Google CEO Larry Page this morning penned a blog post announcing the close of his company's acquisition of Motorola Mobility (thanks to China's recent approval) -- and the departure of Sanjay Jha as Moto CEO. Taking over is Google's Dennis Woodside, whom Page notes increased revenue in the Americas region by some $6.7 billion in three years.
The big question, of course, is exactly what Google plans on doing with Motorola, Page's post was long on cheerleading and short on strategic answers. No surprise there, but Page does stress the importance of the mobile space, saying:
"It’s a well known fact that people tend to overestimate the impact technology will have in the short term, but underestimate its significance in the longer term. Many users coming online today may never use a desktop machine, and the impact of that transition will be profound--as will the ability to just tap and pay with your phone. That’s why it’s a great time to be in the mobile business, and why I’m confident Dennis and the team at Motorola will be creating the next generation of mobile devices that will improve lives for years to come."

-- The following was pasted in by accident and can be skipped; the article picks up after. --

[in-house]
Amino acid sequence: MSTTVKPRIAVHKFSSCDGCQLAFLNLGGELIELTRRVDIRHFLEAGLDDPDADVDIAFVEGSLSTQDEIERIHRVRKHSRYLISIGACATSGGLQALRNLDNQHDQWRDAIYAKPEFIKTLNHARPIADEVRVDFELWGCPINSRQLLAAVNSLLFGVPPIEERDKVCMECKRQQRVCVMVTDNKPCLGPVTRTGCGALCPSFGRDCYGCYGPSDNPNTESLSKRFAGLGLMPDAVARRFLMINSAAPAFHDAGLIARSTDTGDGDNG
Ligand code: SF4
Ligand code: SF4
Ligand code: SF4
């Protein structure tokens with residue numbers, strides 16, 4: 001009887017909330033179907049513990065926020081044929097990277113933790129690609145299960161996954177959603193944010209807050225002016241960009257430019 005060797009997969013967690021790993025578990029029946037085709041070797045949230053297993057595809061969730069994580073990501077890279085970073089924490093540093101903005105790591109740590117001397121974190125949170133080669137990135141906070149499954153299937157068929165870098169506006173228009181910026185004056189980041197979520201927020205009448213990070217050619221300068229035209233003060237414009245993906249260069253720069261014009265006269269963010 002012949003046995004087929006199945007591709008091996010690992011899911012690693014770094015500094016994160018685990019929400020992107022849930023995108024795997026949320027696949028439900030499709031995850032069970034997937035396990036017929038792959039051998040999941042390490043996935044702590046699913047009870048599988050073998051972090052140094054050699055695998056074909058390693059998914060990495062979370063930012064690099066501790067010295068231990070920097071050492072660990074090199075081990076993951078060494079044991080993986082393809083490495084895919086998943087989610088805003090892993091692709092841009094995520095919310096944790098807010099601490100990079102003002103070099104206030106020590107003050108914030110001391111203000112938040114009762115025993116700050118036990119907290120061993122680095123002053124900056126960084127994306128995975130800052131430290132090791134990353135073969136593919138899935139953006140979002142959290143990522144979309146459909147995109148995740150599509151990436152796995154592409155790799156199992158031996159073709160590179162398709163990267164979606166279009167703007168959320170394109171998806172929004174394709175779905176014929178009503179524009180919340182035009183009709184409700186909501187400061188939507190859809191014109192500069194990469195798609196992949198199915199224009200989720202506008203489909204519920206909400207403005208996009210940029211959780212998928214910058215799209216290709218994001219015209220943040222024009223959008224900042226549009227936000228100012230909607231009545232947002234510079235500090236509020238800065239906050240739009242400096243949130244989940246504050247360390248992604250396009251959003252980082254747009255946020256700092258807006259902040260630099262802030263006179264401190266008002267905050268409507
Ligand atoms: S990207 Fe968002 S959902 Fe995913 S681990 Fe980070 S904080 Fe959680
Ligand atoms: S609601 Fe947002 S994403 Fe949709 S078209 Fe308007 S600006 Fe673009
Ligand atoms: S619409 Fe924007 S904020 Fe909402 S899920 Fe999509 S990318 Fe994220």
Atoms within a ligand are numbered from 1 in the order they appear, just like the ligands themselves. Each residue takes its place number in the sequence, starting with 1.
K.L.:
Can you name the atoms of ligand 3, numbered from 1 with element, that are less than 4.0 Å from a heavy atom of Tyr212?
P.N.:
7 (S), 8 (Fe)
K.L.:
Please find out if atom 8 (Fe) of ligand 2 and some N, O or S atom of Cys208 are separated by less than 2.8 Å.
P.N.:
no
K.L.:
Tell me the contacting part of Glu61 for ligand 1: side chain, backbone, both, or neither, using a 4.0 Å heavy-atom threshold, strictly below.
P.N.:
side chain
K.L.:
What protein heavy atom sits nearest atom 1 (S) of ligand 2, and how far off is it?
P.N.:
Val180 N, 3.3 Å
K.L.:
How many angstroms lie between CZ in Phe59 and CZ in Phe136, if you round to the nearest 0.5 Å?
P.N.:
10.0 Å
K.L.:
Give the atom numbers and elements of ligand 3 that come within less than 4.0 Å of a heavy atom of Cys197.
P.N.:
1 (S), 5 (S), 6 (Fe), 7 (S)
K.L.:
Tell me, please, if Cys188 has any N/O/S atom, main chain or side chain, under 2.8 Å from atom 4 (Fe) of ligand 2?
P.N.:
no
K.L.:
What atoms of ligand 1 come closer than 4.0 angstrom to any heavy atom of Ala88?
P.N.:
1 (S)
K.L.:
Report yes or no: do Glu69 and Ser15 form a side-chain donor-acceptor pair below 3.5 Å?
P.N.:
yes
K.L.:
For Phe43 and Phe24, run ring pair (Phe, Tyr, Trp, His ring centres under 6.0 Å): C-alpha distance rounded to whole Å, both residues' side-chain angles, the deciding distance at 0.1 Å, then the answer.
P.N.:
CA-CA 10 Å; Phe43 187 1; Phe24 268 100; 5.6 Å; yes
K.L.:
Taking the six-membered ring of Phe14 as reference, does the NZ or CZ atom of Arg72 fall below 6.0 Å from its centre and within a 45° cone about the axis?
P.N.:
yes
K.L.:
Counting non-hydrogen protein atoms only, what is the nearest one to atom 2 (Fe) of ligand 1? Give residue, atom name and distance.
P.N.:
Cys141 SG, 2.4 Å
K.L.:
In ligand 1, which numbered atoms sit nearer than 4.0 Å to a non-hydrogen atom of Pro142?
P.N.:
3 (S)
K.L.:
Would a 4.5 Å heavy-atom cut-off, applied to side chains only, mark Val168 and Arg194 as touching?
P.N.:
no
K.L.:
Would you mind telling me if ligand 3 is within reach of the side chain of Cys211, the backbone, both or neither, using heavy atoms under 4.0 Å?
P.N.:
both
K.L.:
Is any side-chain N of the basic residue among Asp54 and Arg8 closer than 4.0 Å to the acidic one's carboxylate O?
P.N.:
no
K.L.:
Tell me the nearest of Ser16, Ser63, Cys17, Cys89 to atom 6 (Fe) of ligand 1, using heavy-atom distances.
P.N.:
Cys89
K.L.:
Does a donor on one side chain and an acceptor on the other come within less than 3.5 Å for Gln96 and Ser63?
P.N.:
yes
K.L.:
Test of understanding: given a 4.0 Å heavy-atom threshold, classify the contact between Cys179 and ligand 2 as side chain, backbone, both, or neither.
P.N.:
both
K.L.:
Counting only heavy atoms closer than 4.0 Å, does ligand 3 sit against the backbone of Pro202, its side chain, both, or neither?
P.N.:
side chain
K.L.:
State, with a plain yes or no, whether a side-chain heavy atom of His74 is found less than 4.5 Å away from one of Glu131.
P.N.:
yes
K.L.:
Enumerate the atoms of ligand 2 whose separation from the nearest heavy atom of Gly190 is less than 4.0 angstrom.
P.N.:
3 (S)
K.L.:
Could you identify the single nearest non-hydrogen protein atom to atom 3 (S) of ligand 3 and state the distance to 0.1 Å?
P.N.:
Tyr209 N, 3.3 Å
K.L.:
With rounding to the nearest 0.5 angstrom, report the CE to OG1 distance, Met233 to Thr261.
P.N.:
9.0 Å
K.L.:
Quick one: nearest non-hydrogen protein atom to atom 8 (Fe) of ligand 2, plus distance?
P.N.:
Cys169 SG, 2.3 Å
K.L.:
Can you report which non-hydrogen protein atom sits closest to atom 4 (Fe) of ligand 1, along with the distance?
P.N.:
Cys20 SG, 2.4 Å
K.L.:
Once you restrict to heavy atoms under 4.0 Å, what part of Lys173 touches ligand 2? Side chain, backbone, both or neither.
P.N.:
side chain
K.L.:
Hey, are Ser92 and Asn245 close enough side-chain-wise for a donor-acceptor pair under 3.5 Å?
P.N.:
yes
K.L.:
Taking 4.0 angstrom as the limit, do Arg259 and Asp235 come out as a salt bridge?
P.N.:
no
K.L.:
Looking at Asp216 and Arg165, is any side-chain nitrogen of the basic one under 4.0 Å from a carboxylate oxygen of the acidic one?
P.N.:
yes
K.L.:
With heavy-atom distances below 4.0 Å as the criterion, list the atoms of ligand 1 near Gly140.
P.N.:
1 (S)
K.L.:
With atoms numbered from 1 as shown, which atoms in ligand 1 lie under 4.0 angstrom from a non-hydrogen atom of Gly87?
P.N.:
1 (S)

Woodside, for his part, wrote in a release that "“Our aim is simple: to focus Motorola Mobility’s remarkable talent on fewer, bigger bets, and create wonderful devices that are used by people around the world.”
Motorola's news release notes that Woodside has brought on board execs from DARPA, Nokia, Google and NVIDIA (among others) and has retained a number of Motorola executives in their current roles, including product development, mass market products, software and enterprise and consumer experience design.
Read Page's full post and Motorola's release at the source links below.